Half the young women who underwent a special fertility test in a city laboratory found to have low fertility index.
Anti Mullerian hormone (AMH) is secreted by the egg sacs and the hormone levels in the blood were used to interpret the fertility index.
Blood test to indicate the AMH levels was done in 29,621 women aged 20-40 years. Almost half the group had low ovarian reserves. The ovary's ability to produce eggs that can result in pregnancy is termed, ovarian reserves.
"Over 54% women aged 30-35 and 38% aged 26-30 who underwent the test had low levels, indicating fertility problems," said the study.
Dr Firuza Parikh, heads, infertility treatment department of Jaslok Hospital, said "Every day, I see a woman in her early 30s who has ovarian reserves of a 40-year old woman. The problem has reached alarming proportions."
She had been noticing the trend of falling egg reserves for five to six years. While a rate of 2-5 in the AMH test is seen as acceptable, below 2 indicates low ovarian reserves. Though the cause is unknown, doctors suspect that environmental factors influence fertility.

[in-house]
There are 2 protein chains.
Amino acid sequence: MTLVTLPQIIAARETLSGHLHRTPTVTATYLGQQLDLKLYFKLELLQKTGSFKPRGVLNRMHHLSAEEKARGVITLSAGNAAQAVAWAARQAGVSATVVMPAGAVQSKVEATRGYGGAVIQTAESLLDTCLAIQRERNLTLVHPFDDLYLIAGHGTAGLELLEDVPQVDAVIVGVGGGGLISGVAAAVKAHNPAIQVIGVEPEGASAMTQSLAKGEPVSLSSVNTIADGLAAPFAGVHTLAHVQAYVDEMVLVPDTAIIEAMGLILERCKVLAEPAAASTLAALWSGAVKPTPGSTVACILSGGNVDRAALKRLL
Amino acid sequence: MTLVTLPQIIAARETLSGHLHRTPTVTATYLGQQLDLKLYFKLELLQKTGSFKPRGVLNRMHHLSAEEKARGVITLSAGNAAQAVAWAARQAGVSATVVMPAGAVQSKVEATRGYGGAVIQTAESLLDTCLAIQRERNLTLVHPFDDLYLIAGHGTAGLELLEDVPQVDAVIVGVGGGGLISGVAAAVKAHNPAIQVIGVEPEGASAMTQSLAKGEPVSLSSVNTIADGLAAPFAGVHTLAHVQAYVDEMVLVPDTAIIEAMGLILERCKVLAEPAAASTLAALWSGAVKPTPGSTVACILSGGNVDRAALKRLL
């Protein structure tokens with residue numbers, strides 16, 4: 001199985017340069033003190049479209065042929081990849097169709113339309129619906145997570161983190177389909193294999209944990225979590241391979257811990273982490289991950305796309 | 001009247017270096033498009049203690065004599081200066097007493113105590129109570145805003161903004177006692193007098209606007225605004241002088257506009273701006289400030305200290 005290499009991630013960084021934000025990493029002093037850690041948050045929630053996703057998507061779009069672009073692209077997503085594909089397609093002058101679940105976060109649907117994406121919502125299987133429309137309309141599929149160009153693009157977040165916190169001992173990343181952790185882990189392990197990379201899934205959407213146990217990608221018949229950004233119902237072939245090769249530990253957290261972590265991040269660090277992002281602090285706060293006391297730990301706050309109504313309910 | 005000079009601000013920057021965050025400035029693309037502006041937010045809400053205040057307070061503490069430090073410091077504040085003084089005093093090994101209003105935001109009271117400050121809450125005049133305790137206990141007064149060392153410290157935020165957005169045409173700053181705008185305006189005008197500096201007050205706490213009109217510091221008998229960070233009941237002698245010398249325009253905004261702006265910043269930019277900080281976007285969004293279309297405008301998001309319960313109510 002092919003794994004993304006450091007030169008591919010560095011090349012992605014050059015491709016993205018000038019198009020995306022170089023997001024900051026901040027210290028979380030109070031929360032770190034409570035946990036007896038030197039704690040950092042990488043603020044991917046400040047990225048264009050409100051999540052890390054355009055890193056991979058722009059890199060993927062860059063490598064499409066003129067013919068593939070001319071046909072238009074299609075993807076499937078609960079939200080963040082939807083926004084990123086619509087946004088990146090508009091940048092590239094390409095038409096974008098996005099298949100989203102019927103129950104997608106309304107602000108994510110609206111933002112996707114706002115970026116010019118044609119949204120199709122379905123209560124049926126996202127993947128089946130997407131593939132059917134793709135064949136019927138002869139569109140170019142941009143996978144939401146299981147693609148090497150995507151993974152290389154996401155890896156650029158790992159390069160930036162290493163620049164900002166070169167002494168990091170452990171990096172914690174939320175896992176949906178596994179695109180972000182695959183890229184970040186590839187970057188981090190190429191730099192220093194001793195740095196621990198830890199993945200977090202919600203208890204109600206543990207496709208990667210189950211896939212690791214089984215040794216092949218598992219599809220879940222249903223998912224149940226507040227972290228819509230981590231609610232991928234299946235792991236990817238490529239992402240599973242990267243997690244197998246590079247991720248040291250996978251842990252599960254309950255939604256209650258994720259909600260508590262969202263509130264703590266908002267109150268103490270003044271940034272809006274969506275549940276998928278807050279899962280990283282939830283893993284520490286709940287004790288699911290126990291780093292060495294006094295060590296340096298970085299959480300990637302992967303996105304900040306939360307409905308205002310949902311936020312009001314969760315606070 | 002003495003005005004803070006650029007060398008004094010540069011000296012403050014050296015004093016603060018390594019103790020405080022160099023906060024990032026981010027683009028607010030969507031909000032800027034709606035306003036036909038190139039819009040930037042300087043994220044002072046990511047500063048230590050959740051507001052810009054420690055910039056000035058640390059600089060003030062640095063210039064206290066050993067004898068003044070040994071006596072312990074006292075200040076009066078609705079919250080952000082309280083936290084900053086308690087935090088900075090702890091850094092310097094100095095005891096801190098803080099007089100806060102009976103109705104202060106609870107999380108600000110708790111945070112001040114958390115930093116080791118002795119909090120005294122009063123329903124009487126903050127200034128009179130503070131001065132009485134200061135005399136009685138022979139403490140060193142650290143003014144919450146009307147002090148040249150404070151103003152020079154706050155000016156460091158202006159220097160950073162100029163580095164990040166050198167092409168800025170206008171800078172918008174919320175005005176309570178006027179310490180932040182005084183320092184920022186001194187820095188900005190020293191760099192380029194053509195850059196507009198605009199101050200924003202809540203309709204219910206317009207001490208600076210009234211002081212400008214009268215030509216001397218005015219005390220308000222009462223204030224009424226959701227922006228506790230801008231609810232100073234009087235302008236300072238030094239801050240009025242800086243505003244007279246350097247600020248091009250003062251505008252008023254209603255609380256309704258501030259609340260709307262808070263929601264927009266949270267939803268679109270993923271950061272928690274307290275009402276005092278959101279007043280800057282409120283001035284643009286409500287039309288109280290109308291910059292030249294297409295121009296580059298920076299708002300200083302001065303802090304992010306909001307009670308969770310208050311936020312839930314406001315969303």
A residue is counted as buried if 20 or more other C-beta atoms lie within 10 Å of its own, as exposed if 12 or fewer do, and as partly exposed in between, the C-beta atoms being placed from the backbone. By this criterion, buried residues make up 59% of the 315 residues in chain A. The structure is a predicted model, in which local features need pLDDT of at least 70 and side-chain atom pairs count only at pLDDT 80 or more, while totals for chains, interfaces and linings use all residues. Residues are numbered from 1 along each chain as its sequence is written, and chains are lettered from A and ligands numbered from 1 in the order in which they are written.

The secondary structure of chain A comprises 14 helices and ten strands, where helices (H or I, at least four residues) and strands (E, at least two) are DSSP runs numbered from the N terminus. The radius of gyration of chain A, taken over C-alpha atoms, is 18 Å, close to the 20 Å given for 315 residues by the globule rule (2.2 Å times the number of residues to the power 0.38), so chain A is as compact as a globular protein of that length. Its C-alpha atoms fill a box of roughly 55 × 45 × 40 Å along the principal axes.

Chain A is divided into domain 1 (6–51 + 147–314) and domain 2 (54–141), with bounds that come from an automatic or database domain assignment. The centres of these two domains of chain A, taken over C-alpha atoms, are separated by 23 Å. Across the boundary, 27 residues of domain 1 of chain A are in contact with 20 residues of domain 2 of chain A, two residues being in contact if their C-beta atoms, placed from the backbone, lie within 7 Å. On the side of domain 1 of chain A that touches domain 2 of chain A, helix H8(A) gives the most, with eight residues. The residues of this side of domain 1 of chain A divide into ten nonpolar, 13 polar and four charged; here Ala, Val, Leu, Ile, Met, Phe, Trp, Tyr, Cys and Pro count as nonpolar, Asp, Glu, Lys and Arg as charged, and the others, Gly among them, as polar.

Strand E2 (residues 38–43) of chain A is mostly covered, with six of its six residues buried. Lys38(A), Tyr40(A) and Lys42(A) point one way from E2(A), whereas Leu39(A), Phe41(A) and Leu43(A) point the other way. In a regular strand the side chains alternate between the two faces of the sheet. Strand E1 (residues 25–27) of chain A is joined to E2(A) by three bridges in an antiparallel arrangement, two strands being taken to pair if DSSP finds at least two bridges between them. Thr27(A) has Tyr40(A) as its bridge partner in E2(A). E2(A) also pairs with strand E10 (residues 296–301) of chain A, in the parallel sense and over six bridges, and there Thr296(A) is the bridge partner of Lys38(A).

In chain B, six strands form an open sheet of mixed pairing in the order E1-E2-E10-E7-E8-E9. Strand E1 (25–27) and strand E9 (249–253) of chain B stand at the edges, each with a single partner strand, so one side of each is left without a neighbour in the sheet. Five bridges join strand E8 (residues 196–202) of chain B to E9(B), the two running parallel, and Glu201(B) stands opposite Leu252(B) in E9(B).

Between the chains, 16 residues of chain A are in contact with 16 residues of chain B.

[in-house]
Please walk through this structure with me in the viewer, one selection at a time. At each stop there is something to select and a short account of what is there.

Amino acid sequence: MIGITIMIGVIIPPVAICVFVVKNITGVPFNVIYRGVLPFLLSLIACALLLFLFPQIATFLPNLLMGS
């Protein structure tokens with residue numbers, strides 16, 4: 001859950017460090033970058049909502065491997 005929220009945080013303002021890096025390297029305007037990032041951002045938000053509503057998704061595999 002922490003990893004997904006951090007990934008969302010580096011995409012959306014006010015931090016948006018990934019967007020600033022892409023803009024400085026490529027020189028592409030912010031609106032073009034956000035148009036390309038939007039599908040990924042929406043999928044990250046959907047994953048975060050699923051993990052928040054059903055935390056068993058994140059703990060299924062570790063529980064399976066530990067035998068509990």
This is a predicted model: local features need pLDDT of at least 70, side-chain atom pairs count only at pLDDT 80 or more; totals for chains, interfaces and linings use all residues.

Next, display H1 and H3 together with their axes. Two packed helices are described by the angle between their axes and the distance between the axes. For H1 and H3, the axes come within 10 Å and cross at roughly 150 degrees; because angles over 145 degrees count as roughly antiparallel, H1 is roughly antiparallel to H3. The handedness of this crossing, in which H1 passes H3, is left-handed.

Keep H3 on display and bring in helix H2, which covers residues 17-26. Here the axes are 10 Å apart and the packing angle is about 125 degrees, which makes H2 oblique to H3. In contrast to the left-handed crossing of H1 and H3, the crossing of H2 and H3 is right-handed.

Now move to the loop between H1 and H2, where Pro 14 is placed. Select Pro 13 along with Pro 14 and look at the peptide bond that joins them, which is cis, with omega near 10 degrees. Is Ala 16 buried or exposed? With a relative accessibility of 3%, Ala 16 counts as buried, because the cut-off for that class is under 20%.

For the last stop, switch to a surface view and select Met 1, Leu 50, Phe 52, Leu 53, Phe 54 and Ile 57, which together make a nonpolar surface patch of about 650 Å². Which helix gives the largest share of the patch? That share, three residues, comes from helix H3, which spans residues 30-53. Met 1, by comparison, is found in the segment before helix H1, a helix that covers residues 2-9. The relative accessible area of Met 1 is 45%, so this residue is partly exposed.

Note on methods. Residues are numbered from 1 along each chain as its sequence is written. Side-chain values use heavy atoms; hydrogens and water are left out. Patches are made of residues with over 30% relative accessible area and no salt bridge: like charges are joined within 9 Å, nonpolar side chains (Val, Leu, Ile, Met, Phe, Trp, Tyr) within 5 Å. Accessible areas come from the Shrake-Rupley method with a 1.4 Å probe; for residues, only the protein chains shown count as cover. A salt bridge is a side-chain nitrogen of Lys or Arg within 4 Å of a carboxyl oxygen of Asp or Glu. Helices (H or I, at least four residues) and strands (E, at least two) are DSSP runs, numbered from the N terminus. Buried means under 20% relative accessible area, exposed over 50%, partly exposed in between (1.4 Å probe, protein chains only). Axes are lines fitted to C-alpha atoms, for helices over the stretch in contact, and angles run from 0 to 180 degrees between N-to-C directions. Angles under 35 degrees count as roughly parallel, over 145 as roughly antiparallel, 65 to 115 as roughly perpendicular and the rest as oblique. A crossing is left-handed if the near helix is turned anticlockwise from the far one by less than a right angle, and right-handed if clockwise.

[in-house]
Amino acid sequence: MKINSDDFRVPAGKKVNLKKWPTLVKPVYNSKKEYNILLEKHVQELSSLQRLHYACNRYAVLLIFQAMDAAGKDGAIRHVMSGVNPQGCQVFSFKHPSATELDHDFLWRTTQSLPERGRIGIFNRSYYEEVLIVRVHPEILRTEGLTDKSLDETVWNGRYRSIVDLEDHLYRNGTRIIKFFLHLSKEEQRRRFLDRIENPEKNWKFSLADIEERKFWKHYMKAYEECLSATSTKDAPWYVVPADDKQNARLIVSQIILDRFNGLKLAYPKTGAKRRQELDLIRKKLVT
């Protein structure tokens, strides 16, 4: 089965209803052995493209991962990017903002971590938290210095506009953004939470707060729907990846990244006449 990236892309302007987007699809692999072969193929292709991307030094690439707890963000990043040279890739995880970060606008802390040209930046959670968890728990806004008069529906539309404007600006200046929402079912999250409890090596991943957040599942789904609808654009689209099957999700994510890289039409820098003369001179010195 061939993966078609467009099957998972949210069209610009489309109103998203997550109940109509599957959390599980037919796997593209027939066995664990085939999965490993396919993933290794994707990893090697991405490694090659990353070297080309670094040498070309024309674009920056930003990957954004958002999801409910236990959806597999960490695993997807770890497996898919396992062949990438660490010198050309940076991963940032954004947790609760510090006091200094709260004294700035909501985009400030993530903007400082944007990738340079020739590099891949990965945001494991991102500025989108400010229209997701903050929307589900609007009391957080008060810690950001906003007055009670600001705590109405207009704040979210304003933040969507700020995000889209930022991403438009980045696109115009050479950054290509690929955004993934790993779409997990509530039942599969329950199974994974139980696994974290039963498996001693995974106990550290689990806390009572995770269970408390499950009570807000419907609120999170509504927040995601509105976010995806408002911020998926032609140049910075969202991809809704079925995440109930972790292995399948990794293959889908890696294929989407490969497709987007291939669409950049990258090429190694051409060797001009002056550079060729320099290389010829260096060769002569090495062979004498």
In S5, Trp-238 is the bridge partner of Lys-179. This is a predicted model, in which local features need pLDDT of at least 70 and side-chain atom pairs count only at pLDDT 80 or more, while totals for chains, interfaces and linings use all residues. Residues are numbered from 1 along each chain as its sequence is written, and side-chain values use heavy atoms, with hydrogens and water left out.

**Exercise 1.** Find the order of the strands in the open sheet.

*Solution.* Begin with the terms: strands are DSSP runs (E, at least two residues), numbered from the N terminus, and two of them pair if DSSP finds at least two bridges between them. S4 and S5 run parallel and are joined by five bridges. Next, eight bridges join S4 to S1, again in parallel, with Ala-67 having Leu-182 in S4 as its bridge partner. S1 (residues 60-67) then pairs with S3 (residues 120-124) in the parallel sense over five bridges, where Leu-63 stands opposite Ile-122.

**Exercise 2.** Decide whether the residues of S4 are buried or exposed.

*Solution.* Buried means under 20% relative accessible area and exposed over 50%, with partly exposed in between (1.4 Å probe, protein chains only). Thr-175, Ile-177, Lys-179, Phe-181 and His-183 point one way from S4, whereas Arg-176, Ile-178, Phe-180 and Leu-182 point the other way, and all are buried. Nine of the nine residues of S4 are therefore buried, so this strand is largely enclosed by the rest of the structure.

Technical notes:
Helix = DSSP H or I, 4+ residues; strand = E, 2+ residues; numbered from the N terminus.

"It could be a bioaccumulation of environmental toxins, be it from pollutants in the air or plastics we use. These toxins have an effect on sperm and ovaries," Dr Parikh added.
Dr Sonali Kolte of Metropolis Healthcare, which conducted the test, said, "Today, women marry late and plan their pregnancy three to five years into marriage. Most women opt for contraception to avoid pregnancy. It is important that women understand their ovarian reserve before they decide. This helps them take a better decision and avoid unnecessary stress when they plan to conceive."
Dr Aniruddha Malpani, an infertility specialist from Colaba, said the test was an excellent tool to predict how long she could be fertile. "It is not a tool meant to spread panic among women, but to help them find out about their fertility levels and plan their life accordingly."